Rose Garden Preparation and Accompanying Plants
Selecting the Right Rose
A healthy rose should last fifteen to twenty years or more, given reasonable conditions, so it is well worthwhile making sure you buy good quality roses to start with. Look for at least three strong shoots and good root development, and check that the rose is not too dry. This is particularly important if you buy roses that are pre-packed in polythene: the sort that may have been kept too long in the overheated atmosphere of a store.
Preparation and Planting
Although roses demand very little attention, a little pre-arrival preparation will ensure good results. Because, to some extent, they are coarse feeders, a good helping of well rotted manure or compost in the bottom of the planting hole is the first requirement, but be careful that raw manure is not allowed to come into direct contact with the roots. Make sure, too, that the soil is well watered beforehand, and also that the plants themselves have been stood in water, preferably for twenty-four hours. If you plant the roots dry you suffer considerable delay before seeing your first blooms.
The soil mark on the bushes will be a good guide to planting depth, and see that the hole is wide enough for the roots to spread out in comfort. Bear in mind that each one has to go foraging through the soil for the food that will produce healthy blooms. The only way in which you must restrict them is by firming the soil thoroughly, partly to avoid air pockets and maintain close contact between root fibre and soil particles, but equally to prevent the plant blowing about in the wind, with consequent risk of damage or even uprooting. If you are planting standards, which need support, drive the stake into the soil first, making sure that it is firmly in position. A looped ‘belt’, figure-eight style, is the best way to secure the tree to the stake. The tie must not chafe the bark, while leaving enough room for expansion but not enough for movement. October to March is the best time for planting, but make sure the soil is not too wet for planting firmly.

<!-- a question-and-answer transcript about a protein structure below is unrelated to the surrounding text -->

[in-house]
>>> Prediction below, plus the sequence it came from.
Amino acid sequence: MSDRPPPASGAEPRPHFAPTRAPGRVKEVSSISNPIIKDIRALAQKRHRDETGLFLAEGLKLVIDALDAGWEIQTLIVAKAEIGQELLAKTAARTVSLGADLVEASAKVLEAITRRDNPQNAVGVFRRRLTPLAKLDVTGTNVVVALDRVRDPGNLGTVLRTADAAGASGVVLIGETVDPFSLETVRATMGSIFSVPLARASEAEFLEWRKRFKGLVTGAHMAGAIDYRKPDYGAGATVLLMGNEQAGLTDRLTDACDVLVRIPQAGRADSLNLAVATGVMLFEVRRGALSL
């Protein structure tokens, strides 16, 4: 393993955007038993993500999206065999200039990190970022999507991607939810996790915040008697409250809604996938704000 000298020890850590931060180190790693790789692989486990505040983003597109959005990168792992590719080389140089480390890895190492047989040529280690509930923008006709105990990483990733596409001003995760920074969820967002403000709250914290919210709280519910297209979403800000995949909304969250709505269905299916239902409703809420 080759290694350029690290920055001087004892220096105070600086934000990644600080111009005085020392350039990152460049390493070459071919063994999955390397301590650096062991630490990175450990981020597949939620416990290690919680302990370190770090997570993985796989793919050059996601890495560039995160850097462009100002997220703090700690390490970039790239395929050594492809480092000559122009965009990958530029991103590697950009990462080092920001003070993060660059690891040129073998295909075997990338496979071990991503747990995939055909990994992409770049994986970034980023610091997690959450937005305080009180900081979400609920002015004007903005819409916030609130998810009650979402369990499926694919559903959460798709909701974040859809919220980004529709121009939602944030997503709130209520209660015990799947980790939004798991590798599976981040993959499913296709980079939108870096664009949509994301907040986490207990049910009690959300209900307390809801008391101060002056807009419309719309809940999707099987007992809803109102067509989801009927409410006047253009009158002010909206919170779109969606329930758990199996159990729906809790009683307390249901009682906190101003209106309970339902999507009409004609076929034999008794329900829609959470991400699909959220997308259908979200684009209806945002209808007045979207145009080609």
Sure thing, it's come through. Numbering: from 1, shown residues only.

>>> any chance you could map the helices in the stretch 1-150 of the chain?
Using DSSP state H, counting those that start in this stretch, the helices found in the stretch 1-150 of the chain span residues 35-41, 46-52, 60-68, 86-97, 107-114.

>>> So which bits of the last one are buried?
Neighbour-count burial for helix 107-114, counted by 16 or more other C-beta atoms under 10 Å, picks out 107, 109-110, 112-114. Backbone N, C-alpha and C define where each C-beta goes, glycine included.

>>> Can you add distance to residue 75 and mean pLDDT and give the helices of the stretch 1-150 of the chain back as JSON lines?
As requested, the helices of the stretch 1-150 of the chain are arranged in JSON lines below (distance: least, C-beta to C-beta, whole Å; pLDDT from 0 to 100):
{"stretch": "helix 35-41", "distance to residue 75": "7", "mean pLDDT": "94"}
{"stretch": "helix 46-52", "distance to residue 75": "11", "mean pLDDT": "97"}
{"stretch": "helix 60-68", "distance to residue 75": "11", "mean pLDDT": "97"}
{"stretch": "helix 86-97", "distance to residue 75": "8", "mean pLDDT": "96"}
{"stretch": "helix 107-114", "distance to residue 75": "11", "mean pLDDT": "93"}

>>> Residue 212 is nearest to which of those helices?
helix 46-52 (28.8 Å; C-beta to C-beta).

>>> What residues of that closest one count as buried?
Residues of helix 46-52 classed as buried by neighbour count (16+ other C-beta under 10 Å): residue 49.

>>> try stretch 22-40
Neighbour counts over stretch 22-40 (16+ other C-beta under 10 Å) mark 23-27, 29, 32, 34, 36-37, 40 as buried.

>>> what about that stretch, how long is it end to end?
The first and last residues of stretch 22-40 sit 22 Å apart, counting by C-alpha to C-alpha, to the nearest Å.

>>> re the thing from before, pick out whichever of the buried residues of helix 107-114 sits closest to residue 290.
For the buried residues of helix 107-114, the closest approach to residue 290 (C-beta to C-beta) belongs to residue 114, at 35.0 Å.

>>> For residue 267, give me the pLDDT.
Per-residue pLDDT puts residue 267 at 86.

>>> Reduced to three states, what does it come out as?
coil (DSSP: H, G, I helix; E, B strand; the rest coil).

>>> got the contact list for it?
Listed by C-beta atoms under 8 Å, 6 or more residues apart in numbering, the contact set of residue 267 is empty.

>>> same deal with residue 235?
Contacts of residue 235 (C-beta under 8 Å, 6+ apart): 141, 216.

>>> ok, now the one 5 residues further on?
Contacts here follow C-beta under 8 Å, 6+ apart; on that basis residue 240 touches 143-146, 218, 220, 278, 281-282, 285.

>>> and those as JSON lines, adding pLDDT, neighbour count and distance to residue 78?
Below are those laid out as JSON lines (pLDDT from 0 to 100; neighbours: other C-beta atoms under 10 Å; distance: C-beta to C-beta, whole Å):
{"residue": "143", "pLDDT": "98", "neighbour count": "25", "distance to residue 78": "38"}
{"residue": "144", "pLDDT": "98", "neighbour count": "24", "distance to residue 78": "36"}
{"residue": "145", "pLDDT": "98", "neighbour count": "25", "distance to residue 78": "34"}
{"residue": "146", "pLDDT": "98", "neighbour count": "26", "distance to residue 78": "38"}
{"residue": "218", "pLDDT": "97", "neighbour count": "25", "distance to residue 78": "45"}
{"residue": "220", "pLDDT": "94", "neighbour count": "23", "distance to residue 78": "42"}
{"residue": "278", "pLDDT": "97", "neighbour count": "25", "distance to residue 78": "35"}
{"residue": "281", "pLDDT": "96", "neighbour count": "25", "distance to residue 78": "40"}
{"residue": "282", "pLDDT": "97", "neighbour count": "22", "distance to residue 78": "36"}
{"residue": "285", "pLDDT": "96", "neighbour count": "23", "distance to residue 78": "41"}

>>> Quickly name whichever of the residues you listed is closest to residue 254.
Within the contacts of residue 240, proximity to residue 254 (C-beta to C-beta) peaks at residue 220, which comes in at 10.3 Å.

Roses demand little attention to keep them in good condition. They need pruning in spring, before growth starts, andwhen the blooms are finished. They need feeding —normally with a good of farm manure if possible, otherwise compost and a fairly regular liquid diet — and the occasional spray to take care of such annoyances as and other pests, and diseases such as black spot and . Also, both the appearance and condition of the rose bed will be improved if it is kept well weeded and the fallen leaves are removed, in case they harbour any spores of the various troubles that could overwinter in the soil and start up again early next year.
The one drawback about a rose bed is that it does look rather bare during those months when you are waiting for the buds to form and make you feel that summer really is on the way. For apart from the satisfaction of looking at neatly pruned trees (taken down to within a few centimetres of the ground in March, with the cut, if possible, about 1cm above an outward facing bud), there is nothing particularly inspiring about a rose bed with just a few twigs showing. Understandably many gardeners wish to have some other plant there to relieve the bareness of those early months of spring.